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Tunes to know for blues jams - HELP!

Discussion in 'Miscellaneous [BG]' started by peteroberts, Nov 14, 2003.

  1. I need a crash course in blues...I've heard the names (Freddie, Albert, and B.B. King; Albert Collins, Sonny Boy Williamson, etc) but am not too familiar with the songs. I can play a one-four-five, but that doesn't mean I can cover a blues gig. What songs are a must know at a blues jam?


    Mar 12, 2003
    USA, PNW
  3. mjw


    Jun 12, 2001
    Spring, TX USA
    Ever watch "The Blues Brothers"?

    If not, check it out. (even the sequel)

    Great stuff, IMO.... especially their rendition of Sweet Home Chicago. Of course, I was born and grew up there, so I *have* to say that! :)
  4. Hey Pete,

    Hard to do a crash course. Ones that I run into a lot:
    Big Boss Man
    Baby What You Want Me To Do
    Big Road Blues
    Born Under A Bad Sign
    Diving Duck Blues
    Kansas City
    Little Sister
    Nobody Knows You When Your Down And Out
    Rock Me Baby
    Statesboro Blues
    Stormy Monday
    Sweet Home Chicago
    Who Do You Love
    All the songs on Clapton's From The Cradle

    There are a bunch that follow simple I-IV-V patterns. But even in those there are variations (mainly rhythm, when you go to the IV and if you use the VI or VII in your line). Some of these have signature licks you have to cop in order for the song to sound right (Born Under A Bad Sign). Rhythm variations include straight, shuffle, Texas shuffle, jump, Bo Diddly, New Orleans R&B and New Orleans "mambo".

    Then there are ones use more complex chord variations (and substitutions) and song forms. Ohers add bridges (usually going to the IV). Some folks write off the blues as simple, emotional music, boring for a bassplayer. Once past the surface you'll find enough variations to keep you busy for years.

    When you get a list, give me a ring and I can hook you up with some of these.

    edited to add some more
  5. Boplicity

    Boplicity Supporting Member

    There may be some repetition here with Joe Atlanta's excellent list. I'm just recalling blues songs off the top of my head that are pretty much blues standards:

    Sweet Home Chicago
    Crosscut Saw
    Bright Eyes; Big City
    Stormy Monday
    The Thrill Is Gone
    Born Under a Bad Sign
    The Sky Is Crying
    Red House
    Shame, Shame, Shame
    Sweet Little Angel
    Why I Sing the blues
    Every Day I Have the Blues
    Mannish Boy
    Story of the Blues
    Separate Ways
    A Quitter Never Wins
    Frankie and Johhny
    Cherry Red
    Mean Old World
    Texas Flood
    Further On Up the Road
    Trouble No More
    Pride and Joy
    Mary Had a Little Lamb
    Little Wing
    Green Onions
    Boom, Boom, Boom, Boom (Gonna Shoot You Right Down)
    Smokestack Lightening
    Hoochie Coochie Man
    Let the Good Times Roll
    Rock Me Baby
    Flip, Flop and Fly
    Pity the Fool
    I'll Play the Blues for You
    Got My Mojo Working
    Who Do You Love?
    Kansas City
    Baby, Please Don't Go
    If Trouble Was Money
    Down Home Blues
    And that is just for starters......
  6. thanks so much guys! Joe, I will be giving you a call...
  7. Metal Mitch

    Metal Mitch

    Jul 14, 2003
    Word! When I was doing that gig, I knew about a dozen different ways to play a shuffle.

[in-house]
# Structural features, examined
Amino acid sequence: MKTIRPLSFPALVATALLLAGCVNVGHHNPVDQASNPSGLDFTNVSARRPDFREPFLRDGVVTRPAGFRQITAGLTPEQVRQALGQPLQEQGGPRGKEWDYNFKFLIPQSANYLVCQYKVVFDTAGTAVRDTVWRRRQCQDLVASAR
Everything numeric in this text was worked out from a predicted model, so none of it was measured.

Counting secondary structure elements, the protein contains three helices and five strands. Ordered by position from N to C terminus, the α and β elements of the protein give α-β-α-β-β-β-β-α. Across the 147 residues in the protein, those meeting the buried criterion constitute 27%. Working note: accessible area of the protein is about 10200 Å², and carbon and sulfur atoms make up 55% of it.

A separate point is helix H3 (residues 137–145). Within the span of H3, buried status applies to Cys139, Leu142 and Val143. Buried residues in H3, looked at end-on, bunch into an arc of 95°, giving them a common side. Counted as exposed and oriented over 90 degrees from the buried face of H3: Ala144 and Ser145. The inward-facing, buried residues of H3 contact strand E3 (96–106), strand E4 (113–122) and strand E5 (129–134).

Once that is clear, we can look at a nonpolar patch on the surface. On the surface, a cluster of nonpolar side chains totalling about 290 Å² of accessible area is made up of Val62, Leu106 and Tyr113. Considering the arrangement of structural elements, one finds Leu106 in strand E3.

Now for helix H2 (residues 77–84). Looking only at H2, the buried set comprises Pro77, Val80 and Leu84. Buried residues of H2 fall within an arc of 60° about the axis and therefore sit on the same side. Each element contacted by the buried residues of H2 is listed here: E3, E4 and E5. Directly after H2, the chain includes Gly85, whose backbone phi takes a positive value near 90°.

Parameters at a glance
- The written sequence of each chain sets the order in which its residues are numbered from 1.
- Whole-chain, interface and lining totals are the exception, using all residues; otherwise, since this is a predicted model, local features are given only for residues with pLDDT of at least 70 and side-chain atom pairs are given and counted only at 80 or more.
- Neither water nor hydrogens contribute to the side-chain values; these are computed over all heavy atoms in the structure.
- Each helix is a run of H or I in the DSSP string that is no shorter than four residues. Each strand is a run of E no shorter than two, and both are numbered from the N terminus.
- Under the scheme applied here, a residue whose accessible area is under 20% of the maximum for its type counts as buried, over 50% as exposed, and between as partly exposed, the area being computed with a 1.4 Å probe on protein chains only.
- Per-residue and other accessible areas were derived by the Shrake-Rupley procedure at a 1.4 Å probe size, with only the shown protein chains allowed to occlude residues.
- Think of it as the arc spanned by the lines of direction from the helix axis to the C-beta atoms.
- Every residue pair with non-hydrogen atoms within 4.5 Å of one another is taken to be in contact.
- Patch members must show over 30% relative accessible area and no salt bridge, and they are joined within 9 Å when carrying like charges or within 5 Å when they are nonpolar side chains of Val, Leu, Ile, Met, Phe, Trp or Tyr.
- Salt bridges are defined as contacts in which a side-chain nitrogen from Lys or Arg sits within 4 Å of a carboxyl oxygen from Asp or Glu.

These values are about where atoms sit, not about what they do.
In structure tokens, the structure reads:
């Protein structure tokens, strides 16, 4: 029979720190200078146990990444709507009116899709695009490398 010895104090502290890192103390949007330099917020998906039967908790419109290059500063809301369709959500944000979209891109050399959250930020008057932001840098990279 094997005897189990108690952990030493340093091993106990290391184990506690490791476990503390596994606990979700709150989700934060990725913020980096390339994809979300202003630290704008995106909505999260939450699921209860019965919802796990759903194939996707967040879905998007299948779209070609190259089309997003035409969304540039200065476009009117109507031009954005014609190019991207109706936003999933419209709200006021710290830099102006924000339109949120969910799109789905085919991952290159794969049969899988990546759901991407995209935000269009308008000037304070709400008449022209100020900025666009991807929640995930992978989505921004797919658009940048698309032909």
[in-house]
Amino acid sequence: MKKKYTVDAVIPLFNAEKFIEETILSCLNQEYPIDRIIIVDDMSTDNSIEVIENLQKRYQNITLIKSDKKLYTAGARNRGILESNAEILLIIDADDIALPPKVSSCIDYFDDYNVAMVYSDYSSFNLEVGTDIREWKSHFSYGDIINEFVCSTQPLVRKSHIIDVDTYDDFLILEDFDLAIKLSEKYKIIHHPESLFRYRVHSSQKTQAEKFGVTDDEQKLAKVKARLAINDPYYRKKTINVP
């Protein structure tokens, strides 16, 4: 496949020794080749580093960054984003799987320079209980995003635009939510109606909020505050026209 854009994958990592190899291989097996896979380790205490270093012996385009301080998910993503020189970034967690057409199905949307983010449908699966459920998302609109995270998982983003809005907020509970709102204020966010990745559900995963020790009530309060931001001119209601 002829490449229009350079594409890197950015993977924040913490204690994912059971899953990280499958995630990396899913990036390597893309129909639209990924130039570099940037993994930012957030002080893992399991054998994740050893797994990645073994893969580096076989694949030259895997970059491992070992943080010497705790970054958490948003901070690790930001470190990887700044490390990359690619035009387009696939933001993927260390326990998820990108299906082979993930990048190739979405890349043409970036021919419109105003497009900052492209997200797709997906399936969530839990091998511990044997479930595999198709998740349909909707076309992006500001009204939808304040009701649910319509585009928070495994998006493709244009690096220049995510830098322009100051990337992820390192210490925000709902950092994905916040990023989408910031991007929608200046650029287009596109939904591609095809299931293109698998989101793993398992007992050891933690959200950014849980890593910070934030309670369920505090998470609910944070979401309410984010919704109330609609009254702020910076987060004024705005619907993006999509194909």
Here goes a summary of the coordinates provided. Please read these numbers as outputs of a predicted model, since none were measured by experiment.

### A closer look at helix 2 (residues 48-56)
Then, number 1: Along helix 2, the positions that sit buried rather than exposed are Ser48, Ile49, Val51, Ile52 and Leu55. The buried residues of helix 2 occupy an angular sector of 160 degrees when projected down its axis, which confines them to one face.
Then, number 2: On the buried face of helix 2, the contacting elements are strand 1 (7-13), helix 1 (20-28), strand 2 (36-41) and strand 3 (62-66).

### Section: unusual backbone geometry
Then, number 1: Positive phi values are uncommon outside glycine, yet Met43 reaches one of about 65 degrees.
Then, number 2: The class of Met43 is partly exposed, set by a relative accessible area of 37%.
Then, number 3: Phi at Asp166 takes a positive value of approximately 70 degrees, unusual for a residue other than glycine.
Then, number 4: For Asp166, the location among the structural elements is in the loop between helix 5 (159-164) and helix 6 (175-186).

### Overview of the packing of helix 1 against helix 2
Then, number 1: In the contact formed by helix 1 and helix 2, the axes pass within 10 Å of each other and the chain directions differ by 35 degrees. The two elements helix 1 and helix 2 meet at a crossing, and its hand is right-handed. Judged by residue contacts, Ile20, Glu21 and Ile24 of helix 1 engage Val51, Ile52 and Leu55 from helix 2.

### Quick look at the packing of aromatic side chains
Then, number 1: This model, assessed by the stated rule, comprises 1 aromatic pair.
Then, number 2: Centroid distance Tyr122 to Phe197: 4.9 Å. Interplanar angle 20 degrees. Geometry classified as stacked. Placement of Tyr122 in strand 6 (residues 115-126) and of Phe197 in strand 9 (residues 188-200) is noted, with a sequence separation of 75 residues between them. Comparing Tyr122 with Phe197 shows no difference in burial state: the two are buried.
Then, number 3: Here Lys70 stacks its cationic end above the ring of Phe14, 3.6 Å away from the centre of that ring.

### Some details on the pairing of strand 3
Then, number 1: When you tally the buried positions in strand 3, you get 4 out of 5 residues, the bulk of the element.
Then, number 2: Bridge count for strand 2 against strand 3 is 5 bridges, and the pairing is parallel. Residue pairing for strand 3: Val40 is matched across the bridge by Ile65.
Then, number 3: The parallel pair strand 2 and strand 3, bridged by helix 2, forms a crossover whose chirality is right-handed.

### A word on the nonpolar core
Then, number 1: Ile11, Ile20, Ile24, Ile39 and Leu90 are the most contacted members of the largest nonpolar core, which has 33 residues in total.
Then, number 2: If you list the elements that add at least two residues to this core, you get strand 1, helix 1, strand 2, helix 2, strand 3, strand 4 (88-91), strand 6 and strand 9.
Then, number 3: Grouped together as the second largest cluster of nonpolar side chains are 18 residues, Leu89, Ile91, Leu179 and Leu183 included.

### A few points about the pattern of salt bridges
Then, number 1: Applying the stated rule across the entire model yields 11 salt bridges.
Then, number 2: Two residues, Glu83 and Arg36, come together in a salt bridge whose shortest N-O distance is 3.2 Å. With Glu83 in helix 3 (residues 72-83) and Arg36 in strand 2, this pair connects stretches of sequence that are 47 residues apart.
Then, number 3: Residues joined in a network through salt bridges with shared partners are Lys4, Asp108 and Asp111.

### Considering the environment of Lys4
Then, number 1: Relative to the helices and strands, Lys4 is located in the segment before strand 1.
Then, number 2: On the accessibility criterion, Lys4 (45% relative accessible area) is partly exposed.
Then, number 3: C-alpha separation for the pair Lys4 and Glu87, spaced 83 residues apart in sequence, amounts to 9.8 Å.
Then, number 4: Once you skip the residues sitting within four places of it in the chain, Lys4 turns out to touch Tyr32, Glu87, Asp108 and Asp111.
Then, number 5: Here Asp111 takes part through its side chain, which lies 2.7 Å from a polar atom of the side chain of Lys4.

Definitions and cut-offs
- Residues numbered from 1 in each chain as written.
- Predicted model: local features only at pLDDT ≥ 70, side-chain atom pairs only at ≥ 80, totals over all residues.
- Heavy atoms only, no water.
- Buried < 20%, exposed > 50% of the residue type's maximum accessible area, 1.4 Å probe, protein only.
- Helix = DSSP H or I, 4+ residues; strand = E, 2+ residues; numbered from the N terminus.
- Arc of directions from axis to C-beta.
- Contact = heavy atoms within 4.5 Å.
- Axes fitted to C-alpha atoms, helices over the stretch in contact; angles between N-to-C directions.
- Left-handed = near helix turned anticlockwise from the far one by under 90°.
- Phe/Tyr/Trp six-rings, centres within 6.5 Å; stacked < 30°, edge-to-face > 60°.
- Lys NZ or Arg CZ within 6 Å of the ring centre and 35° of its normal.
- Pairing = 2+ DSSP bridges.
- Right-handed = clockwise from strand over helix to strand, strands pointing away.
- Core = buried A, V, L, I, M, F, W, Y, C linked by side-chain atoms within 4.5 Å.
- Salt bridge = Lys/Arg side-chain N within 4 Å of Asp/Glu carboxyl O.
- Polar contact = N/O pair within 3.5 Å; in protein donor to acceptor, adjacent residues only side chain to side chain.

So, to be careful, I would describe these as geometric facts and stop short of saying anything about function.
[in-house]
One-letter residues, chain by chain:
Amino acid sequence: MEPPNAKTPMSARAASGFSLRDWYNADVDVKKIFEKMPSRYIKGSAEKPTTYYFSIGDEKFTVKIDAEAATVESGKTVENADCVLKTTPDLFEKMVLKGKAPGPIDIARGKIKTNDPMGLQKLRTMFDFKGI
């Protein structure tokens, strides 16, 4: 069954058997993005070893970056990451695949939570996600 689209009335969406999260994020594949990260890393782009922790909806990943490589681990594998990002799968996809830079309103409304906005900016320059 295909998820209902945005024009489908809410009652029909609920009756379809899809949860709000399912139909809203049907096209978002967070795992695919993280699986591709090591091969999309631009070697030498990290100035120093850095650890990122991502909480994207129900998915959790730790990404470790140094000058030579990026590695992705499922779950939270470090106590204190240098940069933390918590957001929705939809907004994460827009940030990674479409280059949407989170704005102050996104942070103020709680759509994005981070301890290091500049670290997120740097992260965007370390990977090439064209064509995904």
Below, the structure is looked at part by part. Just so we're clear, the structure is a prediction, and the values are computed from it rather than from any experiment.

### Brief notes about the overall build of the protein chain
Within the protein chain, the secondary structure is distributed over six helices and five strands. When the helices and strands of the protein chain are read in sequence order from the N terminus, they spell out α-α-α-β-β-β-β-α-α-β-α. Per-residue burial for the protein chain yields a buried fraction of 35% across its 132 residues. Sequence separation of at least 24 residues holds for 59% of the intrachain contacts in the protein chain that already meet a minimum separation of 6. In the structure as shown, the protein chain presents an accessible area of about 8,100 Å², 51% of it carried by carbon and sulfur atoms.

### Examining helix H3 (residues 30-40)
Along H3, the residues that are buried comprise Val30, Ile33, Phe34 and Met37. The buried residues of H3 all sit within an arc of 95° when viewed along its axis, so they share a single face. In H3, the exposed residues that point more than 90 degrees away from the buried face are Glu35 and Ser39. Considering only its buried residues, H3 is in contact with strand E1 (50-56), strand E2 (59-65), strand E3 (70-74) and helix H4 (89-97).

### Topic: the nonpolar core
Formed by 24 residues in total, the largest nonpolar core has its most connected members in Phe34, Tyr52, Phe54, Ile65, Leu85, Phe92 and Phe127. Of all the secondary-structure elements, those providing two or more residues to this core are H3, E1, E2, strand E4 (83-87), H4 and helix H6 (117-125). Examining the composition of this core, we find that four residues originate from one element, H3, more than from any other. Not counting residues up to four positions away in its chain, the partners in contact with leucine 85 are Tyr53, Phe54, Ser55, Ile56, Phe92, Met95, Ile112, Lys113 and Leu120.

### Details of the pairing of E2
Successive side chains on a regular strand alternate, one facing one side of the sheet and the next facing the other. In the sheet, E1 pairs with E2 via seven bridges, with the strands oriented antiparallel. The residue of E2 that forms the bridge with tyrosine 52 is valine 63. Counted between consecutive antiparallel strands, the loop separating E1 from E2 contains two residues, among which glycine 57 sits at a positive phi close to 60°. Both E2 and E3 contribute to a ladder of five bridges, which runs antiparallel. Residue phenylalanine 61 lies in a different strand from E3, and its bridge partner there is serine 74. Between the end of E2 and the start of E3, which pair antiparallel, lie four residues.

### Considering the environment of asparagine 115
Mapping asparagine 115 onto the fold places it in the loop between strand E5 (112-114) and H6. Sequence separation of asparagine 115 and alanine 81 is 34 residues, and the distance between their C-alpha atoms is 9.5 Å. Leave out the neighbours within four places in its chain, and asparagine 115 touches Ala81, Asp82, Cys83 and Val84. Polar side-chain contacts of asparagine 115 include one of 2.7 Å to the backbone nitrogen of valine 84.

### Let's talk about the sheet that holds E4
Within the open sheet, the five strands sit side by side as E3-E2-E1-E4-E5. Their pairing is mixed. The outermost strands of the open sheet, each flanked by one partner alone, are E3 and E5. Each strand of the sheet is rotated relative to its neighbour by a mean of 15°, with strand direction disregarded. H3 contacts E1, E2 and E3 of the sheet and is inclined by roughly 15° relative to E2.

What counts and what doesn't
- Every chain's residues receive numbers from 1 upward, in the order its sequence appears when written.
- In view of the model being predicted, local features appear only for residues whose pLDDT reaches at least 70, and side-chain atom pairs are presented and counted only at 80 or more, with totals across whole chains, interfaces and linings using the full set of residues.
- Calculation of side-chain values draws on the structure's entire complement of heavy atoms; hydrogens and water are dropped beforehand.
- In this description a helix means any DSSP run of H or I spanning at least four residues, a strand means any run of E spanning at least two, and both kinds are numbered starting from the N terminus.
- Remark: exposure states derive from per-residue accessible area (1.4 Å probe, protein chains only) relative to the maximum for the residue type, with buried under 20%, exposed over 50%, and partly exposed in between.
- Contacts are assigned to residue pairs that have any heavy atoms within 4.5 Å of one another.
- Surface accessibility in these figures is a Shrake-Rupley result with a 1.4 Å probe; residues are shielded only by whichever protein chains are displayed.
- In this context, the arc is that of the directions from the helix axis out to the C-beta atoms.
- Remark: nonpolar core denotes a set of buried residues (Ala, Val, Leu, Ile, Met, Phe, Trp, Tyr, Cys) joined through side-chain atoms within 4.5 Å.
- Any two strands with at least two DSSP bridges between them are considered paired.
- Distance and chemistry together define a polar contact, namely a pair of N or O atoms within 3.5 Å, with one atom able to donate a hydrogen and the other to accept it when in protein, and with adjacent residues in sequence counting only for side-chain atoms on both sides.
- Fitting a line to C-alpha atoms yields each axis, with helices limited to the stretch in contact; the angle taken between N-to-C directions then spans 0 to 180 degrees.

Yep, also slow blues, scuffle (an up shuffle with a 12/8 feel), and sluffle (cross between slow blues and a shuffle).

    And a few more very common songs to know -

    Ain't Superstitious
    Dust My Broom
    Little Red Rooster
    Damn Right I've got the Blues
    Night Train
    Help Me (same as Further On)
    Route 66
    Messin' with The Kid
    Sleepwalk (Frankie & Johnny?)

    and some less common but good ones -

    San Jose
    Natural Ball
    Sassie Mae (same as SRV's Empty Arms)
    Pretty Woman
    Serves You Right to Suffer
    Chicken Shack
    Things I Used to Do
    All Your Love I Miss Lovin'
    As the Years Go Passin' By

    Man, this has got me itchin' to dust off the old P-bass and hit some blues jam nights... thx guys!
  8. secretdonkey


    Oct 9, 2002
    Austin, TX
    If you can learn the styles that the bandleader favors (I don't know all these, but know others that may be different names for the same thing), then you can nod, smile and follow just about anything.

    That's not to reduce blues to the over-simple model that Joe Atlanta rejects... but -- it is where you start out as a blues bassist trying to get through a gig. If you're like me, that's as far as you'll want to go -- but as Joe points out, you can go much further...

  9. Thor

    Thor Moderator Staff Member Gold Supporting Member

    One of the best blues lists I've seen.

    I only know 60% of them well, can fake another
    20, DAMM, I have to go learn more, and at my age, well.

    I'll get it done.

    Ignore that mule post he is full of donkey
    stuff ...

  10. I think you are on the wrong track here. To participate in blues jams does not require that you know a squillion songs. The basic requirements are the ability to play slow and fast blues shuffles, slow 12/8, and a couple of variations on the standard 1,4,5 form, such as a 2,5,1 turnaround. 95% of the songs called will be in one of these formats. Blues jams are a place to have fun, and to get to know other musos. No-one is gonna chew you out for not knowing something, it's one of the best avenues for learning there is. I would suggest learning maybe 3 or 4 of the songs listed above (pick the ones that posters have doubled up on), and get yourself off to jam night. Even if those particular songs dont get called, that knowledge will get you through most everything else.
    cchorney likes this.
  11. brianrost

    brianrost Gold Supporting Member

    Apr 26, 2000
    Boston, Taxachusetts
    I'm with Marty. Often at jams instead of telling you what the song actually is they will call it by key and groove.

    For example "slow B.B." is different than "slow T-Bone" or "slow Muddy", "Texas march" is different than "Chicago march", etc. So when shedding for jams, skip working out new songs that are similar to ones you already know.